The other big factor pushing the party here to the left is the new influx of members. The latest available figures put members and supporters at around 29,000, up from around 13,000 a year ago.
In my constituency, Kelvin Glasgow, there were 500 new members in the run-up to, and immediately after Corbyn’s election. There are 900 members in the constituency now; 50-60 attend meetings. This month we voted by 40-4 in favour of abolishing Trident. Though you have to remember that we are a branch that includes many university students so are to the left of some other Glasgow constituencies who are still dominated by the Blairites and the right.
Although Labour membership still lags a long way behind the SNP’s at over 100,000, the Nationalists do not do a lot of campaigning. They are not very visible on the streets, whereas Labour is now out there, for example recently campaigning against the Trade Union Bill and in support of voter registration. Some Labour councils say they won’t implement the cut in trade union facility time.
The move to the left in the Scottish Labour Party is not universal or overwhelming. Cathcart CLP in Glasgow, for example, remains very small and is still controlled by the right wing. Its former MP, Tom Harris, is very anti-Corbyn and outspoken. So it recently voted 12-10 in favour of Trident – I give the numbers just to show how small that CLP still is. And there are quite a few like that. The danger is that if the left does not organise the new members joining because of Corbyn’s win, they will drift off, having being disillusioned by the domination of the old right wing forces in some CLPs.
Labour was for so long the dominant party in Scotland that it became the political establishment and provided careers to generations of Labour bureaucrats; they controlled parliamentary and council positions and gave each other seats on numerous quangos, etc. There was a lot of mileage to be made by careerists in the Scottish Labour Party. Some of the constituency parties are still very small in terms of active members; some are even run by families who have a material interest in preventing an upsurge of new, active left wing members who may upset the gravy train.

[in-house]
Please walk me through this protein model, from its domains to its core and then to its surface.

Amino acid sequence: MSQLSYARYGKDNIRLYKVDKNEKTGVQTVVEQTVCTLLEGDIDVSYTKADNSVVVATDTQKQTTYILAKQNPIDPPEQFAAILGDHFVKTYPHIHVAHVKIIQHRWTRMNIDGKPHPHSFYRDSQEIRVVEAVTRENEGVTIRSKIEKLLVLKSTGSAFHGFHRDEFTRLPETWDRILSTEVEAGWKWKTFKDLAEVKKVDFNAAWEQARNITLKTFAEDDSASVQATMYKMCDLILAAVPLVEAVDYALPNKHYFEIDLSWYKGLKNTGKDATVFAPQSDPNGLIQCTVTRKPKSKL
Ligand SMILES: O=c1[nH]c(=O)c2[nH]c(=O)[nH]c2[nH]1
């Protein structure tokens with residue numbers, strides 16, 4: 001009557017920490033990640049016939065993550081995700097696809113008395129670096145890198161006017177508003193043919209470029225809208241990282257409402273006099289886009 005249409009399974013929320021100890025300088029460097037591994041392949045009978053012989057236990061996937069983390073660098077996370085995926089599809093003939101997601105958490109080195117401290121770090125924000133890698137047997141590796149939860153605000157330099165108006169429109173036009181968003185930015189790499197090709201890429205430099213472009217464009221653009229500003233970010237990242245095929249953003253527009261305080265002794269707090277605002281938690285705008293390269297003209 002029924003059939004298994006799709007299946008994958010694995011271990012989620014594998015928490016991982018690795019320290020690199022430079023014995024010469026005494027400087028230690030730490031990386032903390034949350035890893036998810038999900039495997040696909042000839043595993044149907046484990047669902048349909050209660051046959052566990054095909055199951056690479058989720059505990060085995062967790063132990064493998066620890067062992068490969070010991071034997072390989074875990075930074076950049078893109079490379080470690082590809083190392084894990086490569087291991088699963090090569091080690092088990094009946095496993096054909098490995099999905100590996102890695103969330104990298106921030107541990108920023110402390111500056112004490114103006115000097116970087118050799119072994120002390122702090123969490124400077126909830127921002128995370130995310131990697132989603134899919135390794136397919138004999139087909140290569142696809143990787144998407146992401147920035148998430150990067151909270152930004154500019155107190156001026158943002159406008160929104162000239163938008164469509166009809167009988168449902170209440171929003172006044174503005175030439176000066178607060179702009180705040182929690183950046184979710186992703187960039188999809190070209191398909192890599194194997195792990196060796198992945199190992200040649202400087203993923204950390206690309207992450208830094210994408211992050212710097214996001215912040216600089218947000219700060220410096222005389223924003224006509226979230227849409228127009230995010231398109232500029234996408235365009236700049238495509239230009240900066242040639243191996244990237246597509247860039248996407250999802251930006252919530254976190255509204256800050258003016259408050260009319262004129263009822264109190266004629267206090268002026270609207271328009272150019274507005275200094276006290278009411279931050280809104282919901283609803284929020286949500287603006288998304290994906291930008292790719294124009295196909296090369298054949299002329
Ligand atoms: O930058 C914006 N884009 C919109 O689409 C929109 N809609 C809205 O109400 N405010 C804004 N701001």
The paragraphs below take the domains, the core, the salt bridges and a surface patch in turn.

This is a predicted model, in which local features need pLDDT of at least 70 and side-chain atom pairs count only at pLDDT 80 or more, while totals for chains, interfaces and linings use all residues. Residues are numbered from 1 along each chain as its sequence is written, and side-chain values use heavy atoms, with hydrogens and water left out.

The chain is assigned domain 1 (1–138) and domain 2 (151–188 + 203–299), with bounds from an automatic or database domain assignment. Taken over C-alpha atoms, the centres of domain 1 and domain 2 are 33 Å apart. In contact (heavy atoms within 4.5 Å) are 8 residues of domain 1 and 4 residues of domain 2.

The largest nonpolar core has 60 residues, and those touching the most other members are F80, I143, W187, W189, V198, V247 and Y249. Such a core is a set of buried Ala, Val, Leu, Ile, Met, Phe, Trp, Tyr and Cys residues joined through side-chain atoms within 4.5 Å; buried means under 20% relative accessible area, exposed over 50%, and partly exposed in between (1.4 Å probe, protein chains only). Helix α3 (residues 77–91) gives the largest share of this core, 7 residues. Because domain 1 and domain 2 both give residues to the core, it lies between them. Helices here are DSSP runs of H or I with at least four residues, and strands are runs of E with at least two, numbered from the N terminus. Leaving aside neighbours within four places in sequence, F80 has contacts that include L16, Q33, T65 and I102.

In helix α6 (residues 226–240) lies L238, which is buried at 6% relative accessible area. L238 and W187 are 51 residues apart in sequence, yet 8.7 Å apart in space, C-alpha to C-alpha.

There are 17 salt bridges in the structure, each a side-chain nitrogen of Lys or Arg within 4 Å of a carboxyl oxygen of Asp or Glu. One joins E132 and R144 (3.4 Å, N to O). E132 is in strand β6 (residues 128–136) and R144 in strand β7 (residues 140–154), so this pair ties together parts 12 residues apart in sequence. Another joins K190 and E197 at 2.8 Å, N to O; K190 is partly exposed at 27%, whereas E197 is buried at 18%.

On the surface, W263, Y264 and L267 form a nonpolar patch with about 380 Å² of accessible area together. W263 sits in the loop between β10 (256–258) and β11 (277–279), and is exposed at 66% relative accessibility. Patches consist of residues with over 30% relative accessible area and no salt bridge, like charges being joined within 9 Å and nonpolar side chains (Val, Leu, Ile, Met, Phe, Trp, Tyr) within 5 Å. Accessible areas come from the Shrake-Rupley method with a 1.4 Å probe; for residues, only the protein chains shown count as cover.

There is still a hard right in Scottish Labour and it won’t be removed without a real fight. The old councillors are still in place. Unless the new Labour left organise to deselect them and move to promote left candidates who will support socialist politics, a fightback against austerity and back Corbyn, the danger is that the right will reassert control and the left upsurge will be dissipated.
For a while, under Jim Murphy, the former Blairite leader, Scottish Labour tried to out-nationalist the Nationalists. It didn’t work of course and he had to resign after the debacle in May. Under Murphy the party even changed its constitution to say that the party is now a “Scottish patriotic party”. That needs to be reversed and the socialist internationalist nature of party restated.
Of course there has to be a bit of national autonomy because of devolution – but a totally separate Scottish Labour Party is not the way forward. We have to defeat austerity across Britain and build a united socialist alternative to a declining British capitalism.
As for the left, they are not very well organised. The Momentum launch will be significant, I expect, on 21 November in Glasgow. It has been planned by the Campaign for Socialism, which is the main Labour left organisation here. Neil Finlay, who stood unsuccessfully against Murphy (I bet he could win now), is involved, as is former left Labour MP Katy Clark.
The nationalist left